Doing business globally depends on trust. And it’s clear that the greater the trust, the greater the ability to conduct business effectively across cultures.
My clients often tell me that one of the difficulties they encounter when conducting business internationally is that they don’t know how to quickly build trust. They wonder what they can do to build trust during a short meeting, especially when the meeting is by phone or video conference. I reassure them that regardless of the available time or nature of the interaction, I can show them proven ways to influence the degree to which others trust them. And these honestly don’t require significant time or effort to implement. Sound too good to be true?
Not if you know what to do. First, it’s important to be aware that, regardless of our cultural background, we all make quick decisions about who to trust and who not to trust. In my seminars and intercultural communication coaching sessions I show participants how to be aware of this human phenomenon. Rarely do we question these decisions. Instead, we tend to look for proof to validate our initial decision about who is and who is not trustworthy. We then typically work more effectively and comfortably with the people we trust than with the people we don’t trust.
Second, you can’t leave building trust to chance. I am absolutely convinced that it’s essential to actively participate in influencing others to trust you. Because of the quick decisions people make, you rarely get a second chance. That’s why you have to focus on immediately building trust.
You Can Build Trust Faster Than You Think
Whether you are in a face-to-face meeting or in a telephone or video conference, with one person or several, you have only one tool at your disposal — your words. If you don’t take a few minutes to convince others that you are trustworthy, who will? You don’t have to say a lot but you do have to tell them three specific things:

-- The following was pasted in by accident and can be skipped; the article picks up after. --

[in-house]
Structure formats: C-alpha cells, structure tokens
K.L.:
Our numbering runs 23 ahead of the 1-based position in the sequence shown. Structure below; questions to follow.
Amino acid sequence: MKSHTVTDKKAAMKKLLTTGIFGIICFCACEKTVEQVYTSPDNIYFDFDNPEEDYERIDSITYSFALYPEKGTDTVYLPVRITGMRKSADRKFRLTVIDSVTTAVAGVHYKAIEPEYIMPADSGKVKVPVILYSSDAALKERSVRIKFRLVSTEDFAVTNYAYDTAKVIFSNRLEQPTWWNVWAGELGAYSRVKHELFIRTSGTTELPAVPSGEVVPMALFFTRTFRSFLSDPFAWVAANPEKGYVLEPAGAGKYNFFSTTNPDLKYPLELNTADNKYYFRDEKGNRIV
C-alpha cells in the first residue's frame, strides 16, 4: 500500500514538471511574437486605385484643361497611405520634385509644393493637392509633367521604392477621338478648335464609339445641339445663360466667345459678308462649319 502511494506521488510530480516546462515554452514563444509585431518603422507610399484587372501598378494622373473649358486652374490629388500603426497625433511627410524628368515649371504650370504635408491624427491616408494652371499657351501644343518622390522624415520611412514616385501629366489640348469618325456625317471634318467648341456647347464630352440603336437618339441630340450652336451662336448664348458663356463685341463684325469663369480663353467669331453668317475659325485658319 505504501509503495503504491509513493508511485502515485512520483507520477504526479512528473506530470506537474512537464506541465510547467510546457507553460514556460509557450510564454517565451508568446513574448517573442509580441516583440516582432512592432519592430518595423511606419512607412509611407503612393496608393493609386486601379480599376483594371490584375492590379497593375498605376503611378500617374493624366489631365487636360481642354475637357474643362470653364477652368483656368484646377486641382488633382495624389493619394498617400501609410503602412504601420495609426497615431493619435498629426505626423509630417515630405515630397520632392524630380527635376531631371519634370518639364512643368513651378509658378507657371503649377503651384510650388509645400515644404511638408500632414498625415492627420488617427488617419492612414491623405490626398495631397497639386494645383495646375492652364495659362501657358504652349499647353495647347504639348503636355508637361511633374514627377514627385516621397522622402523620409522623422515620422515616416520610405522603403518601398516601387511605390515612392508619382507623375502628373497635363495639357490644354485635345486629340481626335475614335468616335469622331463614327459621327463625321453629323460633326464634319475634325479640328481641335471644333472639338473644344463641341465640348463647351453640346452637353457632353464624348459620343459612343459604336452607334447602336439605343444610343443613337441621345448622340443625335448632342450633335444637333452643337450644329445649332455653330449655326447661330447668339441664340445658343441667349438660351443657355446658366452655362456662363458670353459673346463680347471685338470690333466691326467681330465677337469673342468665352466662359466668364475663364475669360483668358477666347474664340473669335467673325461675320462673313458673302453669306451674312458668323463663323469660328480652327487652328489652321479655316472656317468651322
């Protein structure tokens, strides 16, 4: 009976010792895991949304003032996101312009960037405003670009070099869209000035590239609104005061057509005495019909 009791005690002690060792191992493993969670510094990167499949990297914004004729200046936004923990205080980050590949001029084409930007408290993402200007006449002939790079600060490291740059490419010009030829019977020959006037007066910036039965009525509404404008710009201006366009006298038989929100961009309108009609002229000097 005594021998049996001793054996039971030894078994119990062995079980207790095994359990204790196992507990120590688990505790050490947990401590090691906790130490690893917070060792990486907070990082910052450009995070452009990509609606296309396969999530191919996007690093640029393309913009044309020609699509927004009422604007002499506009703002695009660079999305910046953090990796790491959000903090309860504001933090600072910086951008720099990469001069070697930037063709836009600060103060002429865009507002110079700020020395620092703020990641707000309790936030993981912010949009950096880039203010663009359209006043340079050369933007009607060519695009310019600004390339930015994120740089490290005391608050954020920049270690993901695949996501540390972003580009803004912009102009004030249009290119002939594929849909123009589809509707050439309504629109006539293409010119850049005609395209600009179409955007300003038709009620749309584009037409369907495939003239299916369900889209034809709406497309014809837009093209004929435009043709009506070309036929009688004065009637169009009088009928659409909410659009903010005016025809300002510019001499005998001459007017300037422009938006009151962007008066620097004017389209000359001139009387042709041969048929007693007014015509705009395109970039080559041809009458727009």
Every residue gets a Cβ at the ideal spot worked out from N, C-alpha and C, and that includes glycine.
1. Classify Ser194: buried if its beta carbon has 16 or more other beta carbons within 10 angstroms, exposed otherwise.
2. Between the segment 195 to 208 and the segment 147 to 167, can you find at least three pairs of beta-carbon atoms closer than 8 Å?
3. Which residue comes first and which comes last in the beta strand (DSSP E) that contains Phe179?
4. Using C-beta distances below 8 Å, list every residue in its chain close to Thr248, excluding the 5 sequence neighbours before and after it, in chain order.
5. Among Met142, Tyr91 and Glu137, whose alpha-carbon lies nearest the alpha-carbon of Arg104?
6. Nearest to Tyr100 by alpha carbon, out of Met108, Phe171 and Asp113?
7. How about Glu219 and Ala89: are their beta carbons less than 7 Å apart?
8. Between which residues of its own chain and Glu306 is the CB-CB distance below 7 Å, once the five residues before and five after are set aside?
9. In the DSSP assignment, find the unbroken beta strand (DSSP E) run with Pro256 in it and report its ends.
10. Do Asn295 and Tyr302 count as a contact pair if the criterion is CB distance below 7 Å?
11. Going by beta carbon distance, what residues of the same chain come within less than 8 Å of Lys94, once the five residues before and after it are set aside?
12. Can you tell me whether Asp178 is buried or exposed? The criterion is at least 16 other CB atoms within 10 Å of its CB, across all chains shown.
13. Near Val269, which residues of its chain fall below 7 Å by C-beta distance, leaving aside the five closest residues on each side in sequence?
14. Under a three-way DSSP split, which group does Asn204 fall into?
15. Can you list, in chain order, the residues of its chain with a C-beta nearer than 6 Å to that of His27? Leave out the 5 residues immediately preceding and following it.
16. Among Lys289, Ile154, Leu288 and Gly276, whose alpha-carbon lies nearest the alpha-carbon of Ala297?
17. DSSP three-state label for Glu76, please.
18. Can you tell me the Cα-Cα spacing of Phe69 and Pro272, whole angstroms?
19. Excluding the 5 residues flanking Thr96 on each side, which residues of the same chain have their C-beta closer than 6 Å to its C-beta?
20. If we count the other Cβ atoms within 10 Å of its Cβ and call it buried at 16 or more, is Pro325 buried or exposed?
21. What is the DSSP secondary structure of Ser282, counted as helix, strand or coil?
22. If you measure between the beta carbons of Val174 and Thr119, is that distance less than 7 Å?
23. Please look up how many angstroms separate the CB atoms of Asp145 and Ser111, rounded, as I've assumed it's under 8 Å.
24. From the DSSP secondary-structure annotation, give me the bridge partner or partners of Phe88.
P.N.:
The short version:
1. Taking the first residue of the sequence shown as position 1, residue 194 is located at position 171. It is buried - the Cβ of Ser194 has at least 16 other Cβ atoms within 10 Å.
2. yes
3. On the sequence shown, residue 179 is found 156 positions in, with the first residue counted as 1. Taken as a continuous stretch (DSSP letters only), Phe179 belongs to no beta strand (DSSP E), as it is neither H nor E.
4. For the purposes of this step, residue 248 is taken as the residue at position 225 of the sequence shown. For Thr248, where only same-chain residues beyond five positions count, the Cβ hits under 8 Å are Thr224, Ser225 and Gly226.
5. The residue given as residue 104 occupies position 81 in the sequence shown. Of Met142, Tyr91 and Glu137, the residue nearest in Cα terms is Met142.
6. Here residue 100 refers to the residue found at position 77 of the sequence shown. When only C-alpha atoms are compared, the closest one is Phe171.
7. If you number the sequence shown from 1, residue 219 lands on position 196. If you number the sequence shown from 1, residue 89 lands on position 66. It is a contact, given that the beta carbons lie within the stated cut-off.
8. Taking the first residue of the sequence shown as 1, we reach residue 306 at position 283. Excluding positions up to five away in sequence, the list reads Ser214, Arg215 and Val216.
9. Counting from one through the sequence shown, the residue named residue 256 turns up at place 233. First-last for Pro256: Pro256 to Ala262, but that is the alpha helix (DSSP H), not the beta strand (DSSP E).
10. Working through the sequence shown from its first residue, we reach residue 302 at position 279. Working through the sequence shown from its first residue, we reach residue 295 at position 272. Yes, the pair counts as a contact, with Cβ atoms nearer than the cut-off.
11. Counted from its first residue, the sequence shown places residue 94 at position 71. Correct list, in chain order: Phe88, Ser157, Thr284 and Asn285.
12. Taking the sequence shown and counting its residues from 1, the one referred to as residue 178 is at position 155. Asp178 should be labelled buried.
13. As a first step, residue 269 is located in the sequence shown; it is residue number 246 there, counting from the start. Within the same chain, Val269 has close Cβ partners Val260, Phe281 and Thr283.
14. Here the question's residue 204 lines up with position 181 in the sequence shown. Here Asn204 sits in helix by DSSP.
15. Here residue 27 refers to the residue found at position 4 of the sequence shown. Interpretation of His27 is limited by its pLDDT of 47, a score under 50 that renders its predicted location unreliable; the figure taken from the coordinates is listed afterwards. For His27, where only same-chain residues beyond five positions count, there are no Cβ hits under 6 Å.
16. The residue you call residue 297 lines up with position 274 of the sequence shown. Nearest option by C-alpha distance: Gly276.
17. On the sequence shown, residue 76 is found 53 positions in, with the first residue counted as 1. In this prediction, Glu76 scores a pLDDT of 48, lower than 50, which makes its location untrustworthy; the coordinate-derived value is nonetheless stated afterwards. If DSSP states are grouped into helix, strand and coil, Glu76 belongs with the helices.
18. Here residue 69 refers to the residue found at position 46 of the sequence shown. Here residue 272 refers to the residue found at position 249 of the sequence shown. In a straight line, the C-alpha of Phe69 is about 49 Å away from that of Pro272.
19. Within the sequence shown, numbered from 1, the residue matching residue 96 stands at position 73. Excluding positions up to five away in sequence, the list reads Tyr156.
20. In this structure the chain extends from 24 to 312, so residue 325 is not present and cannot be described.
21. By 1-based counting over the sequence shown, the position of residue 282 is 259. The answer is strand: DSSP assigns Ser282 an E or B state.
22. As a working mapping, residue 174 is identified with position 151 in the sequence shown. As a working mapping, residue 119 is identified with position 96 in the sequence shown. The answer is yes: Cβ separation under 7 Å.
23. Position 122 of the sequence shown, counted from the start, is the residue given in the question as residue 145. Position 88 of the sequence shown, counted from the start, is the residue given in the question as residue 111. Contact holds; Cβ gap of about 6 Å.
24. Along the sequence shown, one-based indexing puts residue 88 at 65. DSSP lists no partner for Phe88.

Remember, it’s your responsibility, and no one else’s, to inspire others to trust you.
Here’s What You Do
2. Then spend a few minutes to write two or three sentences about your sincerity, your competence and your reliability. Rewrite them until they are simple, clear and accurately represent that you are indeed sincere, competent and reliable. If English is not your native language, ask a native speaker to verify that what you are saying is easy to understand.
3. Practice saying these sentences out loud to yourself for a few days.
4. Then say these three things the next time you are communicating, either by phone or in person, with business colleagues from another culture who don’t know you well. Don’t expect a particular response or validation, or indeed a reaction of any kind. People may, of course, respond to what you say but that is not required for your communication to be effective.
Example: I’ve expressed my sincerity, competence and reliability several times in this short post. See if you can find where I did that. (Hint – second and third paragraph, and the second-to-last paragraph.) Then notice how that influences how you perceive whether I am sincere, competent and reliable.
This is the Easiest Way to Build Intercultural Trust
Of all the ways that you can build intercultural trust, I have found that this is by far the easiest. What could possibly be easier than simply telling someone that they can trust your sincerity, competence and reliability?
This doesn’t guarantee, of course, that everyone who hears what you say will automatically trust you. But I get lots of positive feedback from my clients on how well this worked for them. So I can guarantee that you will see an overall increase in trust.
Even more importantly, you’ll be learning one of the most vital skills any intercultural communicator can master: using words with a very specific and clear intention. Within intercultural contexts words are our only reliable tool for persuading others. That includes persuading them to trust us.